Now assess why you are keeping this information. The changes to data protection law insists that what you have on file, you have for a specific reason. If you don’t need it, you need to (safely) ditch it by deleting, returning to the data subject, destroying… etc.

For information you think you should keep, do you have consent for what you are keeping or using it for? The GDPR makes it clear that consent is of the utmost importance. If you don’t have it, you need to ask for it. If you can’t get it, you need to get rid of it.

Are you seeking consent?

Before you have that knee-jerk reaction to being asked to delete, just consider how you would feel about someone keeping or using personal information about you. I don’t know about you, but I find all those unsolicited sales calls, emails, and letters bad enough. But, what if you found your GP practice sold your personal medical history to pharmaceutical or insurance companies[2]? Or your colleagues were informed of those past indiscretions, disciplinaries, credit issues, or criminal charges you’d given in confidence to a select few? What if you’re put at risk after someone purchases data about your internet habits that imply when your home is likely to be vacant[3]?

These are, of course, extreme cases. If consent isn’t sought though, how are you going to know what is happening with information about you?

GDPR sets out to address this as it has the data subject as the priority. Data subjects must be informed as to what information you are collecting, why, and how you’re likely to use it. This must be addressed in a privacy policy and in the terms & conditions, which must also be in layman’s terms so that anyone can understand it. If you need guidance here, the ICO has lots of information on what you should be considering as you travel through the processes and culture shifts necessary to achieve, not only compliance, but win customer or client confidence because you’ve put them first.

Protecting & storage of data

I expect this is one of those topics that could go on forever, fortunately this is a basic guide… With that in mind, consider where you store the data you collect. Are there paper copies? In the cloud? On discs? With an external company? Have you audited what you keep, where, why and how long for?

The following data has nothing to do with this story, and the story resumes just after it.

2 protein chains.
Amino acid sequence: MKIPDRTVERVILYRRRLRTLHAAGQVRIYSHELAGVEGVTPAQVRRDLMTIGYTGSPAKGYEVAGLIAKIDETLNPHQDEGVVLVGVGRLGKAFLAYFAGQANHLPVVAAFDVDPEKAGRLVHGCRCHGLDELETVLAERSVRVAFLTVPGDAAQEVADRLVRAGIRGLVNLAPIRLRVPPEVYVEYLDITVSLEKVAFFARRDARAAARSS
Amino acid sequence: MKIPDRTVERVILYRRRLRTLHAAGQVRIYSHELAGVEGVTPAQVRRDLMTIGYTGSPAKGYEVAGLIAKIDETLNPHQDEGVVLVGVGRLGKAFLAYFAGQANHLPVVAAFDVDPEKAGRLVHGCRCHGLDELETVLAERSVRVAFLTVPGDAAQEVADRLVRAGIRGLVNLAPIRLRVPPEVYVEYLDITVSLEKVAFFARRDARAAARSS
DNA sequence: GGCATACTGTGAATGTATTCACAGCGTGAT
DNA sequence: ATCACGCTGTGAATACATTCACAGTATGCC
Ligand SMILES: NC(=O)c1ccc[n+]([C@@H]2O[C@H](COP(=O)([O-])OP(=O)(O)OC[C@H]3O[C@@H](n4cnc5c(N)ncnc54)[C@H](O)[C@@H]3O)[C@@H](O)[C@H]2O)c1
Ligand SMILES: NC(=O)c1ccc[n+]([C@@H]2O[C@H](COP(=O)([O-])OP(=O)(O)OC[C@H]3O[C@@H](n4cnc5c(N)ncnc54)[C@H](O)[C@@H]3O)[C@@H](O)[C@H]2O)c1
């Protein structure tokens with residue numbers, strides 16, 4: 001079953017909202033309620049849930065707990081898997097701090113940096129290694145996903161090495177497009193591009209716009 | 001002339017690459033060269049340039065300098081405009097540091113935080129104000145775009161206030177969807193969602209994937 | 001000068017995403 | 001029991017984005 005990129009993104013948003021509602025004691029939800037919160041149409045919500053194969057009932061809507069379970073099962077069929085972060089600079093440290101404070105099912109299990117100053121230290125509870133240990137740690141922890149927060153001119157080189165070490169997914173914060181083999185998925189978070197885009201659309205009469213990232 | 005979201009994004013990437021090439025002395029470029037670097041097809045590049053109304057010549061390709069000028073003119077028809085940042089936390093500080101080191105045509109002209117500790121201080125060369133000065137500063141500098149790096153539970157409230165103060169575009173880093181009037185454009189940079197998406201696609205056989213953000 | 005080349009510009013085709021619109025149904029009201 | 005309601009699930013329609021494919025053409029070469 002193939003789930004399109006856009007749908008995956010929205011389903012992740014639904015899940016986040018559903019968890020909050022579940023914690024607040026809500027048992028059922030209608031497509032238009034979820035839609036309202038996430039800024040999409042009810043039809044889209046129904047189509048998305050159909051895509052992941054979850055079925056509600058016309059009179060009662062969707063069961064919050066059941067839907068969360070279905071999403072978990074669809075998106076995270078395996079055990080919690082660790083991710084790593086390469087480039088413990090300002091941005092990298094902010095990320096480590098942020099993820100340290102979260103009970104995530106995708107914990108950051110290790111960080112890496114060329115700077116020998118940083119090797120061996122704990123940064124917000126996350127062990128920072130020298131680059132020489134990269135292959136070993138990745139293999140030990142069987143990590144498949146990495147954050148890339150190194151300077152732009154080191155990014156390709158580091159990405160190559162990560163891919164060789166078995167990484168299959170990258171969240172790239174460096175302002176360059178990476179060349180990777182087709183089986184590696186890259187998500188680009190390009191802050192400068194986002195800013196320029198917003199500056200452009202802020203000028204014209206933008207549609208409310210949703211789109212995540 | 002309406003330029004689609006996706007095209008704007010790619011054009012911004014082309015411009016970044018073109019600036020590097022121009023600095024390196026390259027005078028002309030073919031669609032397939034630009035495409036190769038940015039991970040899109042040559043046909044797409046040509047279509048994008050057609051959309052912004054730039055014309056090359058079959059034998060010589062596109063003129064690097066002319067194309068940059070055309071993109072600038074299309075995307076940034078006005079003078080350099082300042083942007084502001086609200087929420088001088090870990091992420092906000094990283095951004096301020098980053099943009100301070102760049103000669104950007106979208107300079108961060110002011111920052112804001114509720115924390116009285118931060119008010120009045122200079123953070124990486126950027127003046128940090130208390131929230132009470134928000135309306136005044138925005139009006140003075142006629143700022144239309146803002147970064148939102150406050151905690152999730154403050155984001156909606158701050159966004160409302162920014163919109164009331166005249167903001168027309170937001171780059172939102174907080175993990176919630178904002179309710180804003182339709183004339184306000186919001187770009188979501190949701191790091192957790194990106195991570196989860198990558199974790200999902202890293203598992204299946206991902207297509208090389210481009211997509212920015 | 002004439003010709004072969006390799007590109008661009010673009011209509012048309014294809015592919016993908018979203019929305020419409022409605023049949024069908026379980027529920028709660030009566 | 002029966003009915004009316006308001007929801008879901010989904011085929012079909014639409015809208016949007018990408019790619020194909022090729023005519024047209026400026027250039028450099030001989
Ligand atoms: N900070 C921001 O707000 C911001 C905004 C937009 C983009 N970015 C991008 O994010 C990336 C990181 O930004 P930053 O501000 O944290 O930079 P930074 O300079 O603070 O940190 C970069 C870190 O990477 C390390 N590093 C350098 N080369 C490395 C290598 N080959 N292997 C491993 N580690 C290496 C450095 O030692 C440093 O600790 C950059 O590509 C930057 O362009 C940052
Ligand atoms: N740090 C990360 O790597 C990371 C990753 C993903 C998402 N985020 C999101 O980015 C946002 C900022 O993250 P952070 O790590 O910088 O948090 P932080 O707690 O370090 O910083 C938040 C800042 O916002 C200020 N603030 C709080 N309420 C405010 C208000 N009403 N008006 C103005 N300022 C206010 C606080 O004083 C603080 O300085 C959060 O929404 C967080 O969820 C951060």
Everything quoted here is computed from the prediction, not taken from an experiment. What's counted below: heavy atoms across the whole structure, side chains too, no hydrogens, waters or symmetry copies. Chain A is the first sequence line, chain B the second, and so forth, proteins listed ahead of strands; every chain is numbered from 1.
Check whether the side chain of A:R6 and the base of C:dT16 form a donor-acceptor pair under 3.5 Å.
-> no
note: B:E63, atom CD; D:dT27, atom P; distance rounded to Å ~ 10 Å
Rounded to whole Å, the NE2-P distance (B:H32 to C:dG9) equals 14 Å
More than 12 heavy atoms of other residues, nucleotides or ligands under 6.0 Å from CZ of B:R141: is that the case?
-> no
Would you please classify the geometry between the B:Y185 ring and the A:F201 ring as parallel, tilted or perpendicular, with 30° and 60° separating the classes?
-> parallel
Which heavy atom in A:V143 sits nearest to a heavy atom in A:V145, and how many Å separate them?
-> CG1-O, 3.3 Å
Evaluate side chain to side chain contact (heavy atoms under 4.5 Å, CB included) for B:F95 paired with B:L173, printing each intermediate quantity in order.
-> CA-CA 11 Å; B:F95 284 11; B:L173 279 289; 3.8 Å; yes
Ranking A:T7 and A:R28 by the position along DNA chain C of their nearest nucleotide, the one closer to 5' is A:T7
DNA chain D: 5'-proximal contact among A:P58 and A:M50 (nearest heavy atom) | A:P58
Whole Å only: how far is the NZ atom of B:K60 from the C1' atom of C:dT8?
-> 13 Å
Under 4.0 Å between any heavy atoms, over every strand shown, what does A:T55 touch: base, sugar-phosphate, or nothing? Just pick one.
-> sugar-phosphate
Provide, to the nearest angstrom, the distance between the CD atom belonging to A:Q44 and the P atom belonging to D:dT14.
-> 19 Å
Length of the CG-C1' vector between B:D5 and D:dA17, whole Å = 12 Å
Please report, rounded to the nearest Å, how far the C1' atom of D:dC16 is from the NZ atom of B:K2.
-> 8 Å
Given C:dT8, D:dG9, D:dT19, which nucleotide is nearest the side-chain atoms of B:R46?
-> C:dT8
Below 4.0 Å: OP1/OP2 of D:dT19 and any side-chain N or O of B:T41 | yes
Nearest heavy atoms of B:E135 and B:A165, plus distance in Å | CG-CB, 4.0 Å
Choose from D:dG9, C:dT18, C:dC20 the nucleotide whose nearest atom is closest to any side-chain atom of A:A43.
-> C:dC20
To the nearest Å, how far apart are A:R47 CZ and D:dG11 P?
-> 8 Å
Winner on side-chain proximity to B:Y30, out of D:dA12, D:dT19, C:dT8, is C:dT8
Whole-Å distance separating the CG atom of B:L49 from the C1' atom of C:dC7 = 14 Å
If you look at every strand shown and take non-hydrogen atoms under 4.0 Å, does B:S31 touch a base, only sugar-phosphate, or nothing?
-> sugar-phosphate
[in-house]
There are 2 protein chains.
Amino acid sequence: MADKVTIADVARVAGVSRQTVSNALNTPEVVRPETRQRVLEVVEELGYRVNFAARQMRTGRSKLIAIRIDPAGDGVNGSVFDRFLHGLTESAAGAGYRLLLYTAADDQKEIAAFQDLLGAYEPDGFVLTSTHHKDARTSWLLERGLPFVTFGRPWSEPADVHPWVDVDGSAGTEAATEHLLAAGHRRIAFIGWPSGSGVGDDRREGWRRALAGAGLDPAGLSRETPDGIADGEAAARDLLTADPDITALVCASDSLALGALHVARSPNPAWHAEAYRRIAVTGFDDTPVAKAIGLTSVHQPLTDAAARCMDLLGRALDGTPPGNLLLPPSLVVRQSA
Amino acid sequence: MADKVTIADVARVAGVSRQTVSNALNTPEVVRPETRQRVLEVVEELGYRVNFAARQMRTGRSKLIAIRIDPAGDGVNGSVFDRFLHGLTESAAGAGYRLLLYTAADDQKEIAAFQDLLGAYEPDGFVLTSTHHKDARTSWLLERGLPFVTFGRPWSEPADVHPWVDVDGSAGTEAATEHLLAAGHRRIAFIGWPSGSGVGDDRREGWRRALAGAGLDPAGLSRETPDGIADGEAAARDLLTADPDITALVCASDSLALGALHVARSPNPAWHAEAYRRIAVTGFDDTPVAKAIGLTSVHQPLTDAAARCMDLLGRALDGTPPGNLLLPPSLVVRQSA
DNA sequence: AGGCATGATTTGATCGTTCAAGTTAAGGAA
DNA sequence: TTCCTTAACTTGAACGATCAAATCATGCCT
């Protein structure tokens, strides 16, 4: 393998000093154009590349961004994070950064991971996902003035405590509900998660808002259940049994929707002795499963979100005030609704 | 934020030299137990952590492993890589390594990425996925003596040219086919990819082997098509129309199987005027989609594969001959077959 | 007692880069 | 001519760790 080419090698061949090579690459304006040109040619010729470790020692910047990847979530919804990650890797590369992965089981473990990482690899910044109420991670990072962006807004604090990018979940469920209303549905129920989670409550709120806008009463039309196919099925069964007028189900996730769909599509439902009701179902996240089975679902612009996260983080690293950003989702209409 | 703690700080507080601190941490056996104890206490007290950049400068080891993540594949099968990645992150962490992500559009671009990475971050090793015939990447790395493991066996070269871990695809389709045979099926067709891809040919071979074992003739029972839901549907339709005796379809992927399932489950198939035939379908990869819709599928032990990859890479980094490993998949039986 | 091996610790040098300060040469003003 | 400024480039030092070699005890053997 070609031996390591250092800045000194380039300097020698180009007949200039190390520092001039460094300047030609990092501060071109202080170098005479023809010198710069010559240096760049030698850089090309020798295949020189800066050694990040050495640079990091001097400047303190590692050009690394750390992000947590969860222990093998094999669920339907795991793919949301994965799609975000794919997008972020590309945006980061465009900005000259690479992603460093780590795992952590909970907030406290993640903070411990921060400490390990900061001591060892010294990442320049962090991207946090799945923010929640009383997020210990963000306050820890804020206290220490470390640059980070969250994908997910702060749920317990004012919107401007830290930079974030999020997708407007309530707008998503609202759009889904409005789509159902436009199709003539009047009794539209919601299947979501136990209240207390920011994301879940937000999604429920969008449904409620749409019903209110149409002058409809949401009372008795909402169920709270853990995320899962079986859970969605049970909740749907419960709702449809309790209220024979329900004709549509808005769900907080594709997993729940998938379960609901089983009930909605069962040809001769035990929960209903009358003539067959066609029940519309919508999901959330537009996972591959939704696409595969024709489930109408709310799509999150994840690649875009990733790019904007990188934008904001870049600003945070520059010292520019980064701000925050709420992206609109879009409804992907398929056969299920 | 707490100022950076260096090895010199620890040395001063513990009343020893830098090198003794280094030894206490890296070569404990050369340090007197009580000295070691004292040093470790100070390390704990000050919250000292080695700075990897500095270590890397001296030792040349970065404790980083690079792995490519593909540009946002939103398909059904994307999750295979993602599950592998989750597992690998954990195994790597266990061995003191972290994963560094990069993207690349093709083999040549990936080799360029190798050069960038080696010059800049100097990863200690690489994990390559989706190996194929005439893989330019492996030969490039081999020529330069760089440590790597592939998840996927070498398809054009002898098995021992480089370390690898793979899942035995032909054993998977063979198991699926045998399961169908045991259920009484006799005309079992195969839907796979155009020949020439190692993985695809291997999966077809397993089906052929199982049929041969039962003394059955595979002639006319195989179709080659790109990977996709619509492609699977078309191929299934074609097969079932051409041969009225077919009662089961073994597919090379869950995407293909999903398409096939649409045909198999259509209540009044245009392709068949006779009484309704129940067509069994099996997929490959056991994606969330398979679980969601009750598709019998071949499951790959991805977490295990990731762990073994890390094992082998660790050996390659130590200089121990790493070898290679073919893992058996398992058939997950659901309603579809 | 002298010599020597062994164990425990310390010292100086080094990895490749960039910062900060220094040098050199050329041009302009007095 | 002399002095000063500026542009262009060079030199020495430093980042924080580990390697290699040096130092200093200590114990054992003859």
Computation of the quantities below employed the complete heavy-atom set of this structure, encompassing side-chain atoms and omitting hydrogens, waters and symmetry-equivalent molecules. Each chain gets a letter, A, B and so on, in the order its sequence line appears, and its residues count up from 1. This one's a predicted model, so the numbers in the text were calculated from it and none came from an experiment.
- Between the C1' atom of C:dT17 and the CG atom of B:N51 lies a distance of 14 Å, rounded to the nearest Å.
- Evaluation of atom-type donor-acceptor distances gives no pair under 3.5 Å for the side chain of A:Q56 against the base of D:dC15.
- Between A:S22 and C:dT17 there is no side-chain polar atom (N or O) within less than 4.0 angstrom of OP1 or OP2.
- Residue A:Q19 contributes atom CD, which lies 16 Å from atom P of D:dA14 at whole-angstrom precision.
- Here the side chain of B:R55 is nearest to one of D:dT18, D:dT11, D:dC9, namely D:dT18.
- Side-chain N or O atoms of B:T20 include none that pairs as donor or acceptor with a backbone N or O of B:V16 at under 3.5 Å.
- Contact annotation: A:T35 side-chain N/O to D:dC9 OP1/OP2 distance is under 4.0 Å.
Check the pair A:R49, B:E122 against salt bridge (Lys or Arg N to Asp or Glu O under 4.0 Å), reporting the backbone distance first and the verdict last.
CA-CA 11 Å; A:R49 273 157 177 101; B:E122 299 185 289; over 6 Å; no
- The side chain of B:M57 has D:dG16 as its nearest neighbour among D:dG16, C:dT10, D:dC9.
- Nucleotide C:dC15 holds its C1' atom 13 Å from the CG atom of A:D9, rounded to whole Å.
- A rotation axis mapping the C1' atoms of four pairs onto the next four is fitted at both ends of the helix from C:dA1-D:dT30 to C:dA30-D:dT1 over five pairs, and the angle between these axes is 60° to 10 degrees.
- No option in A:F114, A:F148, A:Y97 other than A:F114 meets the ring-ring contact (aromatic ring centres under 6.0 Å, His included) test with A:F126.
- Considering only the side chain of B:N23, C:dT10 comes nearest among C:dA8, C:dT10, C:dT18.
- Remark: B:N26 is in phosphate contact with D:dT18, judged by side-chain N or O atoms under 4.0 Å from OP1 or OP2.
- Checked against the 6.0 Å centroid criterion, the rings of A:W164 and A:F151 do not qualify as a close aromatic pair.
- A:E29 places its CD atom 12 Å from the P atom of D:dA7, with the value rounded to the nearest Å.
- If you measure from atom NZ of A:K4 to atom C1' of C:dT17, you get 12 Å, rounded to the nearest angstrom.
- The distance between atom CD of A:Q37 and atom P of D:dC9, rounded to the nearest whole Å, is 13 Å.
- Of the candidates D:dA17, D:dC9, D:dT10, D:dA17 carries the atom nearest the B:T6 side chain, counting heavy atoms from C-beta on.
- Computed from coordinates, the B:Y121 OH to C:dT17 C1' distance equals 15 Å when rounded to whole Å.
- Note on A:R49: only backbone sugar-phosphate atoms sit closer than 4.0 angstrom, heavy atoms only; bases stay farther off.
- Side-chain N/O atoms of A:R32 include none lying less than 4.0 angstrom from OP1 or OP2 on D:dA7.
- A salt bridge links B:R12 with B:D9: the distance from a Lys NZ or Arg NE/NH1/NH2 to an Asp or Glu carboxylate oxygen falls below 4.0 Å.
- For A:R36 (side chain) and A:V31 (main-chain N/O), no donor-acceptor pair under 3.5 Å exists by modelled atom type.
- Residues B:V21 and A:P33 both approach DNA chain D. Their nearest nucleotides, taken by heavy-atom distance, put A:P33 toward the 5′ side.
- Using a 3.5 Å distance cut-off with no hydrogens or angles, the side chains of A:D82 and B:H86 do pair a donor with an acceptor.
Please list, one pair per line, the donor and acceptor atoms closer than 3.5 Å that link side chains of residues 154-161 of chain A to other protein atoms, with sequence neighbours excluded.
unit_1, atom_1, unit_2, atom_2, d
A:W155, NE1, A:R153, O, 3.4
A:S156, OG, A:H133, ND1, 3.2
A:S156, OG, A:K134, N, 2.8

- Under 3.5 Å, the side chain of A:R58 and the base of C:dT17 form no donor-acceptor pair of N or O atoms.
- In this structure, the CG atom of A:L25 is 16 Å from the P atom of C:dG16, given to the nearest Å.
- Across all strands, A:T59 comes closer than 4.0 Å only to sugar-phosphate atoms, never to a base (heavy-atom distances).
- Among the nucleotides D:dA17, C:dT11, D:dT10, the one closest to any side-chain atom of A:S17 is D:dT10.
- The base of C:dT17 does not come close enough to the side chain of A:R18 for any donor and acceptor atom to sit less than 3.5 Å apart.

If not, you need to. You also need to assess what levels of security you have to prevent the loss, theft or destruction of a person’s data. This should also be done for third parties who handle the data you have. If they aren’t compliant, remember that you’re both liable in the case of a breach. If the software or tools you use are outdated, this needs to be addressed immediately. The NHS breach recently is a prime and, most likely, often cited example of how outdated systems and poor security can pose a huge problem. Don’t let that be you!

I haven’t exhausted all avenues that need to be considered for GDPR compliance, but I hope you’re now a little clearer on what you should be starting with at least. If we can all tighten up how we use and store what we collect, it not only protects our customers or clients, but also ensures the data we have works harder for us. It is more relevant to our needs, helping us to achieve our goals with ethically sourced information. I’m sure Charlotte’s children would embrace the new changes because, if you don’t have your data subject at the heart of all you do, you’re unlikely to make the impact you hope to on the world. How are you planning to make data collection and storage under GDPR work for you?

To see more updates, you can follow the SG LinkedIn page here or our team members here.

References

[1] https://www.out-law.com/en/articles/2016/may/gdpr-potential-fines-for-data-security-breaches-more-severe-for-data-controllers-than-processors-says-expert/

[2] https://www.scientificamerican.com/article/how-data-brokers-make-money-off-your-medical-records/

[3] https://www.theguardian.com/technology/2017/mar/28/internet-service-providers-sell-browsing-history-house-vote